Anti-abortion extremists said they cannot afford the nearly $86,000 in damages they were ordered to pay two abortion clinics in the landmark case NOW vs. Scheidler. Defendants Joseph Scheidler, executive director of the Pro-Life Action League, Operation Rescue, Anthony Scholber and Timothy Murphy claim they used up all available funds on trial fees. Scheidler commented, “A million dollars, a billion dollars, a trillion dollars, the national debt -- they won’t get it.”
Operation Rescue, Scheidler and his colleagues were found liable for violating the Federal Racketeer Influenced and Corrupt Organizations (RICO) law by attempting to shut down two abortion clinics through physical violence, threats and other means.
National Organization for Women (NOW) attorney Fay Clayton said she does not believe the anti-abortion claims and that she wants more than $1 million in legal fees in addition to the damages awarded by the jury, which are likely to be tripled by the judge under the civil RICO law.
Clayton commented on Cardinal Francis George of Chicago’s statement that the anti-abortion protesters had been involved in acts similar to civil rights demonstrations of the 1960s. “Martin Luther King taught nonviolent civil disobedience,” said Clayton. “These guys have done non-civil violent disobedience.”
Co-plaintiff and President of the National Women’s Health Organization (NWHO) Susan Hill said that she has received hundreds of calls from clinics and abortion providers wanting to file claims against the anti-abortion groups. Hill said, “They’ve also told me that they’re relieved, that they went in safely today.” She said, “They felt better. They felt safer.”
Feminist Majority Press Release:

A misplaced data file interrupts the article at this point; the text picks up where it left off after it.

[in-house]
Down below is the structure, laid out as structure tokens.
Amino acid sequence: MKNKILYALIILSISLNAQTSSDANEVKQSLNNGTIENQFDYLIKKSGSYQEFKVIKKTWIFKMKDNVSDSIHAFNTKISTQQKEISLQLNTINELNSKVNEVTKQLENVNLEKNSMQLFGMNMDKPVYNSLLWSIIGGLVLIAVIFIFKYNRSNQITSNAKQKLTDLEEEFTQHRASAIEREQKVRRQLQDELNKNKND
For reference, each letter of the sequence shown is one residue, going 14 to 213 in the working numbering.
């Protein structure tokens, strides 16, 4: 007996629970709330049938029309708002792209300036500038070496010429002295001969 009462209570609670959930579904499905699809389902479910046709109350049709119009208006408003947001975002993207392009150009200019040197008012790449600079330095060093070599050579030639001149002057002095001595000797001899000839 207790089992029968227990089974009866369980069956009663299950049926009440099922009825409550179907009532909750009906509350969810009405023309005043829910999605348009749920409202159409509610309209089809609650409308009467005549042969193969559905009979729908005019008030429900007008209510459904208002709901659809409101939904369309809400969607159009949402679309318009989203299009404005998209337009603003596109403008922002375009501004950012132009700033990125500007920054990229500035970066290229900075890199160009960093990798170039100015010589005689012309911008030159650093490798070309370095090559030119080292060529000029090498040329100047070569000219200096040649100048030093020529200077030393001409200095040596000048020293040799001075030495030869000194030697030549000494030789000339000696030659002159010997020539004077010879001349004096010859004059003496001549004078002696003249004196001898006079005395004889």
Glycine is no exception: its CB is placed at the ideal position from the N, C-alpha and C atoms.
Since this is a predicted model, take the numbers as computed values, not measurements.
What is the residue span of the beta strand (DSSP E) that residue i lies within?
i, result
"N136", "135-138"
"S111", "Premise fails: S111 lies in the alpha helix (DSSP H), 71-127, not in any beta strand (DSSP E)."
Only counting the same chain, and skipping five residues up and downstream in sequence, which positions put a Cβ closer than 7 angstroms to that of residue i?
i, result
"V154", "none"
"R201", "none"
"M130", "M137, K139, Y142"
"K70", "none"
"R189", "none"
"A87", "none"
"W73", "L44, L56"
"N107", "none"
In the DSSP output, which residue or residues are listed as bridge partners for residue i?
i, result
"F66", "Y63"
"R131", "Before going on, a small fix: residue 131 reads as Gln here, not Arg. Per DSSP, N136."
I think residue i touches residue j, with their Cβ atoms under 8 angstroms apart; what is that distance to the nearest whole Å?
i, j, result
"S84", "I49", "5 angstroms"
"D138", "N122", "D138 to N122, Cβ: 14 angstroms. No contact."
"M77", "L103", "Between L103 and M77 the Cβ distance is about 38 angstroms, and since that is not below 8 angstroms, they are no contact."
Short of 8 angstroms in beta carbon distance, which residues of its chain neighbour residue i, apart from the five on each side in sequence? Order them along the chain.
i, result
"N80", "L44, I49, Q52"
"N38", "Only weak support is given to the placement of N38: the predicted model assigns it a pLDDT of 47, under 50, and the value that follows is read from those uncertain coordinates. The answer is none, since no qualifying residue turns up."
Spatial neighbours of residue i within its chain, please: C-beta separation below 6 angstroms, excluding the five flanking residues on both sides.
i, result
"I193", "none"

Landmark Win! Civil RICO Case Cracks Anti-Abortion Ring of Conspiracy
10/30/2014 Medication Abortion Access Threatened by Oklahoma Court Ruling - An Oklahoma state district court judge has refused to block a state law restricting medication abortion, clearing the way for the law to go into affect on November 1.
The Oklahoma Coalition for Reproductive Justice, together with a local abortion clinic in Tulsa, challenged HB 2684 in September, arguing that the law was an unconstitutional restriction on non-surgical abortion in the earliest weeks of pregnancy. . . .
10/30/2014 UPS Switches Pregnant Worker Policy Ahead of Supreme Court Case - The United Parcel Service (UPS) is changing its policy on light duty assignments for pregnant workers, even though the company will stand by its refusal to extend accommodations to a former employee in an upcoming Supreme Court case.
UPS announced on Monday in a memo to employees, and in a brief filed with the US Supreme Court, that the company will begin offering temporary, light-duty positions to pregnant workers on January 1, 2015. . . .
10/30/2014 North Dakota Medical Students Speak Out Against Measure 1 - Medical students at the University of North Dakota School of Medicine and Health Sciences are asking North Dakotans to vote no on Measure 1, a personhood measure on the state ballot this fall.
The students issued published a letter in the Grand Forks Herald stating that they opposed Measure 1 in part because they are against "the government's taking control of the personal health care decisions of its citizens." Nearly 60 UND School of Medicine students signed the letter, citing concerns over the "very broad and ambiguous language" used in the proposed amendment, which has no regard for serious and life-threatening medical situations such as ectopic pregnancies.
Measure 1 would change the North Dakota state constitution to create an "inalienable right to life" for humans "at any stage of development" - including the moment of fertilization and conception. . . .